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Formula 1

Why a four-decade-old problem took F1 teams by surprise

by Edd Straw
3 min read

Porpoising was the big talking point of the first pre-season Formula 1 test at Barcelona, with many teams admitting to being surprised at the extent of the problem despite it being a well-understood phenomenon.

So with F1 teams using vast arrays of simulation technologies, how could a problem the risks of which are so well known not be detected before the cars ran on track for the first time?

The answer is simple. Simulation tools are just that – simulations. They are not the real world and have limitations despite being developed and refined over a long period of time.

One of the most effective simulation tool available to the teams remains the windtunnel. However, simulating the behaviour of the car and the underfloor aero in the windtunnel at extremely low ride heights is outside of its parameters.

Why? Simply because by running low you will damage the rolling road belt, your windtunnel model and potentially even far more if something goes badly wrong.

Xpb 1128070 Hires

“The way the floor’s working, especially at lower ride heights in the windtunnel, makes it a difficult area to explore because Red Bull wouldn’t enjoy us putting stripes in their belt,” explained AlphaTauri technical director Jody Egginton.

“You rely on CFD for correlation. This is our first big [track] correlation opportunity, so we’re learning about how that floor’s working at very low ride heights.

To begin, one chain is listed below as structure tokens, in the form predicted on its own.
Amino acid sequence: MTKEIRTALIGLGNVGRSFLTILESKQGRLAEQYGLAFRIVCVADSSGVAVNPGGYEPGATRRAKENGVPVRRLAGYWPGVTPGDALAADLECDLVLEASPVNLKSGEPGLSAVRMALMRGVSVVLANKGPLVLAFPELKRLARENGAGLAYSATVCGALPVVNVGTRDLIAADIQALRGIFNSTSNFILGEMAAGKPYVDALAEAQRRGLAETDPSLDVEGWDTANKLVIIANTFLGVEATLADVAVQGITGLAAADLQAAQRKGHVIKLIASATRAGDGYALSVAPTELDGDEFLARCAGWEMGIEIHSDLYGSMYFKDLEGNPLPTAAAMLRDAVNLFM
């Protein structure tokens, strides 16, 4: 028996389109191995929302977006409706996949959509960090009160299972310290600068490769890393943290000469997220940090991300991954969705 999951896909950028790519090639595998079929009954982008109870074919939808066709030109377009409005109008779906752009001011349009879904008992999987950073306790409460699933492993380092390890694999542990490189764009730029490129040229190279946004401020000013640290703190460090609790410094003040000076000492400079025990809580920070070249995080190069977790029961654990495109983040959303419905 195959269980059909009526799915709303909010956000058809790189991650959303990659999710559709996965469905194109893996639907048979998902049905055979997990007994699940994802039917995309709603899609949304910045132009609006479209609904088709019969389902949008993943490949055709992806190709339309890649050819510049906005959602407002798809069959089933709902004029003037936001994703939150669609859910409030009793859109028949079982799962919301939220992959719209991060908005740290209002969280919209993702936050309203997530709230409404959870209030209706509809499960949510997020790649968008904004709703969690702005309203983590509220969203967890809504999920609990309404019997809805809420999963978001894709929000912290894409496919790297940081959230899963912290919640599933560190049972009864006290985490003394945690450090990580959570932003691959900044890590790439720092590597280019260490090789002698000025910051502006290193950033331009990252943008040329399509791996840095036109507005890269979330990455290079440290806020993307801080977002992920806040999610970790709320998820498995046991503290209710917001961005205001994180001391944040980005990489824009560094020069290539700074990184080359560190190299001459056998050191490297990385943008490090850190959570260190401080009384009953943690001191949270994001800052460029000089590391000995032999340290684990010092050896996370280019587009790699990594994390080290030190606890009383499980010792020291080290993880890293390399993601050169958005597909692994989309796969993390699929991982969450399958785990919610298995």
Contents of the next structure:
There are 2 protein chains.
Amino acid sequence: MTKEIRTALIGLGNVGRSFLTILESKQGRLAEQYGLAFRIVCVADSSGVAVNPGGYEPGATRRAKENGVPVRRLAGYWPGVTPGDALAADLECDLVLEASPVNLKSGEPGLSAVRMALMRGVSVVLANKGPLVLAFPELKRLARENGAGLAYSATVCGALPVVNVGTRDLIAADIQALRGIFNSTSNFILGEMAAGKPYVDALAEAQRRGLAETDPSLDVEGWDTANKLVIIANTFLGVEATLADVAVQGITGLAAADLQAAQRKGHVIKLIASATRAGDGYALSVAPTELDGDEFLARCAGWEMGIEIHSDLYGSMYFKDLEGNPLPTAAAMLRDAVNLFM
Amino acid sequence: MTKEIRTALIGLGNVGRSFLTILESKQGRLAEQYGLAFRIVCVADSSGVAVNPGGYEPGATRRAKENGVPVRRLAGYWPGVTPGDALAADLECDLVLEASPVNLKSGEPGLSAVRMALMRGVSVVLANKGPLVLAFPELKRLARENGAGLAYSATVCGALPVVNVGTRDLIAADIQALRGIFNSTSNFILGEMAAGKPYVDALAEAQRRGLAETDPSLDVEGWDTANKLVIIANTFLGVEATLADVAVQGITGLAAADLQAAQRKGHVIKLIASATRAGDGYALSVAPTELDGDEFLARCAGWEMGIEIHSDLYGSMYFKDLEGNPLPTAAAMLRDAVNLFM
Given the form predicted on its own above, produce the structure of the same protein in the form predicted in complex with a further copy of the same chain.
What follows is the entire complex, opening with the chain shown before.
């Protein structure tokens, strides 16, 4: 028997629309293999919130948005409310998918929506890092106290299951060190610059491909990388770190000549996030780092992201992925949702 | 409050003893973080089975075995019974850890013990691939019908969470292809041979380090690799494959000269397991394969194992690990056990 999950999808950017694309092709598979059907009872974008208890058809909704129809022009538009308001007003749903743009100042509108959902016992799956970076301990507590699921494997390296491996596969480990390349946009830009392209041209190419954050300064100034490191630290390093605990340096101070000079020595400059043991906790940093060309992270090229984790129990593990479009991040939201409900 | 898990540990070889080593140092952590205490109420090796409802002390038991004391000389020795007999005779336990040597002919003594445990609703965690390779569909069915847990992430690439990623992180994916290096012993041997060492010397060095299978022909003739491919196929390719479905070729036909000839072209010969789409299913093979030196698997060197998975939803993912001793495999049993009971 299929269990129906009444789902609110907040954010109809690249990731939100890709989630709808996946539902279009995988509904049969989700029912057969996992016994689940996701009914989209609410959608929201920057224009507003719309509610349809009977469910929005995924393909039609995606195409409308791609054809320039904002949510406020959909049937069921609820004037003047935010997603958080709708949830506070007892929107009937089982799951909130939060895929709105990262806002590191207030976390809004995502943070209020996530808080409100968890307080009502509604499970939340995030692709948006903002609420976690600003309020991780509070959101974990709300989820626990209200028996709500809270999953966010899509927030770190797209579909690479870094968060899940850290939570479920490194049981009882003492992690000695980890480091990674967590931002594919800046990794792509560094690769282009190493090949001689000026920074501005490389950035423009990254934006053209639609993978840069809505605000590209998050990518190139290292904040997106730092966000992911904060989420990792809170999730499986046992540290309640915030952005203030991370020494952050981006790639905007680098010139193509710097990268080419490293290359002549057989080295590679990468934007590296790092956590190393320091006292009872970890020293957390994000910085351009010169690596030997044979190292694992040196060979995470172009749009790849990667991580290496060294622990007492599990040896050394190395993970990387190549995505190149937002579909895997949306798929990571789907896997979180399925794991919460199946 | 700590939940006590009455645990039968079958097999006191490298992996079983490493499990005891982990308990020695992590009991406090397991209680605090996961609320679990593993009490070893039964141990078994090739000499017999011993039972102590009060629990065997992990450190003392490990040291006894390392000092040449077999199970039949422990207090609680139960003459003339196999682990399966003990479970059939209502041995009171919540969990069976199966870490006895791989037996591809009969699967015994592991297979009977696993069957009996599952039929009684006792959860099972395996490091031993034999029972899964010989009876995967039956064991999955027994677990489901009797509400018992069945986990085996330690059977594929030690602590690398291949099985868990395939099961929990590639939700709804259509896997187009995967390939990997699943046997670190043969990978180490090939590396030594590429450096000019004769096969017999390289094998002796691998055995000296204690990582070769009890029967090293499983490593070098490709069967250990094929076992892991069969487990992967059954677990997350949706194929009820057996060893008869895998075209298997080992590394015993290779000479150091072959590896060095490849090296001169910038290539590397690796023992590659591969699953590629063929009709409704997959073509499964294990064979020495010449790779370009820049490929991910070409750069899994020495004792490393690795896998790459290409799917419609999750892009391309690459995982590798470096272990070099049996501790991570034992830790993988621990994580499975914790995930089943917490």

“It behaves differently on track to the windtunnel. That’s just a simple function of ground effect.”

That does leave CFD, which as Egginton said teams have used. However, when simulating the airflow in close proximity to the ground the mathematical complexity is vastly increased and the accuracy reduces.

Feb 25 : Every team's Barcelona F1 test rated

This means that not only can teams not cross-reference CFD and windtunnel data as they would normally do, but even the CFD data for exploring the porpoising problem is limited.

Therefore, all teams had to wait until they ran in the real world to understand the extent of the problem.

“The dynamics in the windtunnel are fairly slow, so there are a lot of things you can only learn on track,” Haas technical director Simone Resta told The Race.

“On simulations, you can reproduce phenomena and play with models, but on the track is the only thing that matters.”

Motor Racing Formula One Testing Test One Day 3 Barcelona, Spain

This means that for all 10 teams, real-world on track running is essential for understanding if they have a problem. And it seems that some were surprised by just how powerful the ground effect was when at high speed and very low ride heights.

While recognising the problem of the cars “bouncing”, as some have described it, is straightforward once on track, solving it is more difficult.

While many said they had it under control at Barcelona, that was about managing it through means such as raising the ride height, making cuts in the floor to manage the low pressure beneath the underfloor or using the DRS to reduce load.

But these measures are about containment as they mean a performance compromise and running the car in a way it was not designed to. This means that a definitive solution must be found for those worst-affected that both mitigates the porpoising and ensures the car is not giving away significant performance.

While the teams now have plenty of real world data, the fixes must be refined using the same limited simulation tools – albeit ones that will have been improved thanks to what has been learned in testing.

That’s why a problem that F1 first encountered 40 years ago became one of the big topics of the first pre-season testing.

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